Abram is not a doddering old man living out in the middle of Nowhere. Sure, I get that the advanced age at which he fathered Isaac needs some kind of visual representation in our iconography of him. But all those cute children’s books obscure what Abram actually was.
One clue is in Genesis 13, an otherwise skippable chapter but for two details. The first is that, since his covenant with God in the previous chapter, Abram has flourished dramatically. He and his nephew Lot can no longer share the same land because their flocks have grown so great. To find a peaceable arrangement, Abram offers Lot his choice of land to inhabit and Abram moves off so that the two of them can continue to (hopefully) grow their estates.
So, clue one: he’s a rich doddering old man. But the kind of wealth we’re talking about here is not sacks and sacks of coins. It’s an enormous livestock enterprise: not something to be done by oneself with the missus cooking up grub back home. Abram actually has a truly enormous estate full of servants.
Clue two: remember those 300+ men I mentioned as serving Abram? In Genesis 14 they show up again in a pretty great story with a lot of my favorite loose ends. After a fun geo-political back-story, Rich Doddering Abram saddles up his 318 male servants and goes to war to rescue Lot. Those would be the males that are old enough to fight, most of whom are or will soon be attached to wives, children, etc. Abram presides over a company of upwards of 1000 people.
We have a word to describe such a man. It’s warlord. Abram is the leader of a significant faction in the Ancient Near East. And in Genesis 14 we get to see Warlord Abram in action in one of the truly great, truly under-appreciated tales of the Old Testament: the Battle of Ten Kings.
It seems that several local kings had decided to rebel against Chedorlaomer, King of Elam (bad guys always have the best names in the OT). Chedorlaomer rounded up his allies: Amraphel, King of Shinar, Arioch, King of Pontus, and Tidal, King of We’re Not Sure. These four rallied to punish the traitors to Chedorlaomer’s service.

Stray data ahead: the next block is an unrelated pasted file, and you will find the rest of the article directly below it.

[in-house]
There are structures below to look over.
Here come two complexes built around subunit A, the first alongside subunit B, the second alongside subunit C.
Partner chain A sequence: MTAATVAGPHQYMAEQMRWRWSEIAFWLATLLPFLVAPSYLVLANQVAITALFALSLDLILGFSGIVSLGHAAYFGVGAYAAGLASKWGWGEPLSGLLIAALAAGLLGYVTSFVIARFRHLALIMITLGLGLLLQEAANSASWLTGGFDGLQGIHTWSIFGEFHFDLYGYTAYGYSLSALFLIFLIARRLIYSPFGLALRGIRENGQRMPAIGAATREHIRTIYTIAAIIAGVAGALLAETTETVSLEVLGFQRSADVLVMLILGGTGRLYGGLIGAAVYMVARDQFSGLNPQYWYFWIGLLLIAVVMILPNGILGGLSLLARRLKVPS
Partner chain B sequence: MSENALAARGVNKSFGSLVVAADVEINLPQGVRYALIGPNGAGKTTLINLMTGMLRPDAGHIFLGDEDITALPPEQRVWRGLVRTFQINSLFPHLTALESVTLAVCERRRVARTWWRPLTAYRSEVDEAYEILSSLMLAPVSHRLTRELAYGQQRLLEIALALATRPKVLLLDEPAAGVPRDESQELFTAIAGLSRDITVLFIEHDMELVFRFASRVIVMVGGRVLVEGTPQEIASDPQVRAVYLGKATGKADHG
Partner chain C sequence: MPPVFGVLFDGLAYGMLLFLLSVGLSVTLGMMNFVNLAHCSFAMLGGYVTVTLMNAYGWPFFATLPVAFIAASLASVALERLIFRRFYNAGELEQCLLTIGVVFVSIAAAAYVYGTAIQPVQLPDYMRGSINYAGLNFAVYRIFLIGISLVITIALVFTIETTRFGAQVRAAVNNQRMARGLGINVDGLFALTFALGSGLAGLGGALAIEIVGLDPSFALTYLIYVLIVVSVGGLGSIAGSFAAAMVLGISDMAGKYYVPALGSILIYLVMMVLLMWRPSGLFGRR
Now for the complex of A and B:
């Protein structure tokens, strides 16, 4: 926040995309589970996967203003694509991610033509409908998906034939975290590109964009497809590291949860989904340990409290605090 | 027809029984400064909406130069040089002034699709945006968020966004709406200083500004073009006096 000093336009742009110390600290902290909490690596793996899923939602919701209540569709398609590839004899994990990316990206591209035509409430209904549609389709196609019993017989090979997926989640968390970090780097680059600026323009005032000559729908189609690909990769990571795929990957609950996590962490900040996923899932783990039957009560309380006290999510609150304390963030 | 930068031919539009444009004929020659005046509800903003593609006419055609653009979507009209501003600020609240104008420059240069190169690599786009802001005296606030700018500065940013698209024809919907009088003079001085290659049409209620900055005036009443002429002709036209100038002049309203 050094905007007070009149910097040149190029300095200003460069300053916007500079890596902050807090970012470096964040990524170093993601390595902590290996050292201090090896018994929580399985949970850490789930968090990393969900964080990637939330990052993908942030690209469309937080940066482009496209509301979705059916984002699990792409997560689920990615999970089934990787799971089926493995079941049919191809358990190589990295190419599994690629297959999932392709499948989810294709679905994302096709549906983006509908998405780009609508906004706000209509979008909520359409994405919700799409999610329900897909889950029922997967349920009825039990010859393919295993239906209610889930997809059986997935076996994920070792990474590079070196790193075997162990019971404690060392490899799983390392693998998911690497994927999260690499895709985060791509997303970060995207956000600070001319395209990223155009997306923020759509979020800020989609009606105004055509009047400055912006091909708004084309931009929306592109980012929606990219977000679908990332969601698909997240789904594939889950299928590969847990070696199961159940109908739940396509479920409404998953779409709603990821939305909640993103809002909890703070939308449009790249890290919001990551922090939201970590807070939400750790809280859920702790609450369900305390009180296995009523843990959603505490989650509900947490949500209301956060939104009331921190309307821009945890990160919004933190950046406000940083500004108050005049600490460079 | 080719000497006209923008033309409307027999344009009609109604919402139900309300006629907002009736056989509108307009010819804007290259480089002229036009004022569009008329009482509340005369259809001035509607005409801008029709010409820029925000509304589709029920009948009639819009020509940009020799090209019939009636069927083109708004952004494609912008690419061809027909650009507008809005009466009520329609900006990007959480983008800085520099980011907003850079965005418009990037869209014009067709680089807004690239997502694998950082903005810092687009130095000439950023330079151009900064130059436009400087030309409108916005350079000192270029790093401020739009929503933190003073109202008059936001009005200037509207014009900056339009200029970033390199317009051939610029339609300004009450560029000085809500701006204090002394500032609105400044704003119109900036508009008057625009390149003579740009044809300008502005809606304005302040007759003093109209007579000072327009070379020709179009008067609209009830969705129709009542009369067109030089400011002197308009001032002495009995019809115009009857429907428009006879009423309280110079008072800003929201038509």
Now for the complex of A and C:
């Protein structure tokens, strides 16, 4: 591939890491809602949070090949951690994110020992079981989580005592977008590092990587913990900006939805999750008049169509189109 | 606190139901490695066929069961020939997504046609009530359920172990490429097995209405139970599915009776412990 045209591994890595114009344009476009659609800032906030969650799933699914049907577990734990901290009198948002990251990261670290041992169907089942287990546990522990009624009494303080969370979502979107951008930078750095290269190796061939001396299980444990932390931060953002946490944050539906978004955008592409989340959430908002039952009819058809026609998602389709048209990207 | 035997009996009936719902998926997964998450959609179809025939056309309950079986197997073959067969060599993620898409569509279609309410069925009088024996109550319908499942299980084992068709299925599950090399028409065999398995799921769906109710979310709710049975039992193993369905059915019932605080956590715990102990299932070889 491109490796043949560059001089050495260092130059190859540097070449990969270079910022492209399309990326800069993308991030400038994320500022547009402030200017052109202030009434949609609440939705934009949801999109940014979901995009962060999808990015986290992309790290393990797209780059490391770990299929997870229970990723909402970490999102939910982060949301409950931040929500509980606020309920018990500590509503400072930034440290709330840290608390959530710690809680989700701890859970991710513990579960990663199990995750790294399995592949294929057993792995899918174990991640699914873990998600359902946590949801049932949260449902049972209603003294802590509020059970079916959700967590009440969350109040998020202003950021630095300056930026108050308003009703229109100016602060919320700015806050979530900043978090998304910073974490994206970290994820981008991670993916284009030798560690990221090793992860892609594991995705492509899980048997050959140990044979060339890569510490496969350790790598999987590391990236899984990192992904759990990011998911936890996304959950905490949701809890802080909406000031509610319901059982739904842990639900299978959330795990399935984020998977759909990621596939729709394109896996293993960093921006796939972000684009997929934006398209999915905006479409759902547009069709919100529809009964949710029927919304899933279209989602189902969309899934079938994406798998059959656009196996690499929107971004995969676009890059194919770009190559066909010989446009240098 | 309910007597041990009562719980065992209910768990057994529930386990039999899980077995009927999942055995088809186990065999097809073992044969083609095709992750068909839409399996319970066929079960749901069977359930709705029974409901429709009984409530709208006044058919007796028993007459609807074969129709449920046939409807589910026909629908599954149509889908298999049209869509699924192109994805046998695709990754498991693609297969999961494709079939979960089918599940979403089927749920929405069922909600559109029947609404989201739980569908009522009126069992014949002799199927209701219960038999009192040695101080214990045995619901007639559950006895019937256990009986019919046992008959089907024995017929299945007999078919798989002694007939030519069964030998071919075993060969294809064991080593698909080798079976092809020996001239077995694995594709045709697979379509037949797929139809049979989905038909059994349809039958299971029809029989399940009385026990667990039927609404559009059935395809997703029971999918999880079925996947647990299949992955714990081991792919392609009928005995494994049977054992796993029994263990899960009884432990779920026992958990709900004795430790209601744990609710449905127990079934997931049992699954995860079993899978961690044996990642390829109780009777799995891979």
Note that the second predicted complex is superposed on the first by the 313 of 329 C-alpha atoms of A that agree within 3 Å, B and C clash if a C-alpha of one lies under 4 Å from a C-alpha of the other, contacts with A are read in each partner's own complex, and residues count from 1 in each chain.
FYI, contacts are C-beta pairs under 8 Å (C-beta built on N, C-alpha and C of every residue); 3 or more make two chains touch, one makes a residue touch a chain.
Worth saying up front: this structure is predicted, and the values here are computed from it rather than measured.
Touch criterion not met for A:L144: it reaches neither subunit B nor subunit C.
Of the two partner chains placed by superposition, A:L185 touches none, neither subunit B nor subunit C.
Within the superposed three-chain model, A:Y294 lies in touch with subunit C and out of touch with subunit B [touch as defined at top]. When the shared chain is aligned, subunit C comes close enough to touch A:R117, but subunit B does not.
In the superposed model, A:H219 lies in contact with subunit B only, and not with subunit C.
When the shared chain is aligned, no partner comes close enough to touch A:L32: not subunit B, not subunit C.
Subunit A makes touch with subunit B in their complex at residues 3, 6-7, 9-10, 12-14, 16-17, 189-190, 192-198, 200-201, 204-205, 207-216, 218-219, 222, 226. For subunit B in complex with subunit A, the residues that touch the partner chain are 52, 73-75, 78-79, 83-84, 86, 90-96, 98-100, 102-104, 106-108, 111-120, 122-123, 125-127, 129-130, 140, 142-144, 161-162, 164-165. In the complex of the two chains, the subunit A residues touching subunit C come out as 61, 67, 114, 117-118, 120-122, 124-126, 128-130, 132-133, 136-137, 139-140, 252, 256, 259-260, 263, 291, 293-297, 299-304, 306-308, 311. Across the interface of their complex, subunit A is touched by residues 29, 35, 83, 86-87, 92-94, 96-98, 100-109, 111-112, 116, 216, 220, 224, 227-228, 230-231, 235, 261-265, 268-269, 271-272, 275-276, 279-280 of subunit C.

And who are the faithless blackguards? Bara, King of Sodom, Bersa, King of Gomorrah, Senaab, King of Adama, Shem-eber, King of Seboim, and We’re Not Sure, King of Bala.
That list sports quite the eyebrow-raisers, for anyone who’s read ahead in Genesis. We all know that Sodom and Gomorrah are no good, very bad places. But even more importantly for the plot here, this is the second time these places have been mentioned. Because now the second detail from Genesis 13 (no, I didn’t forget it!) comes into play: when Lot left Abram’s service, he moved to the valley of Sodom.
Let’s worry later about what that might say about Lot’s character. For this chapter it means that, after Chedorlaomer and Company put the beat down on Bara, Bersa, Et Alios, Lot is captured and held hostage. Does Lot deserve to be left to a grisly fate after choosing to live among the wicked men of Sodom? And why is this the Battle of Ten Kings if only Nine are mentioned, all Ring-Wraithy, above?
Enter our Tenth King, Warlord Abram, and his 318 rough-riders. Shades of later adventures with Gideon and Saul, Abram heads up toward Syria, splits his forces, and launches a devastating night raid that results in the total defeat of Chedorlaomer and his Crew. Lot is rescued. Black hats down, white hats triumph!
The real showdown (and its lesson) is still to come, but it’s important to pause and take stock before reading on. By virtue of the ancient world law that “the strong do what they can and the weak suffer what they must,” Abram has just claimed for himself the wealth of all Nine Kings. The estate of Lot, so wealthy that he had to move on from Abram, makes up just a small part of the wealth of one of those kings. The future of the ancient near east is in his grasp.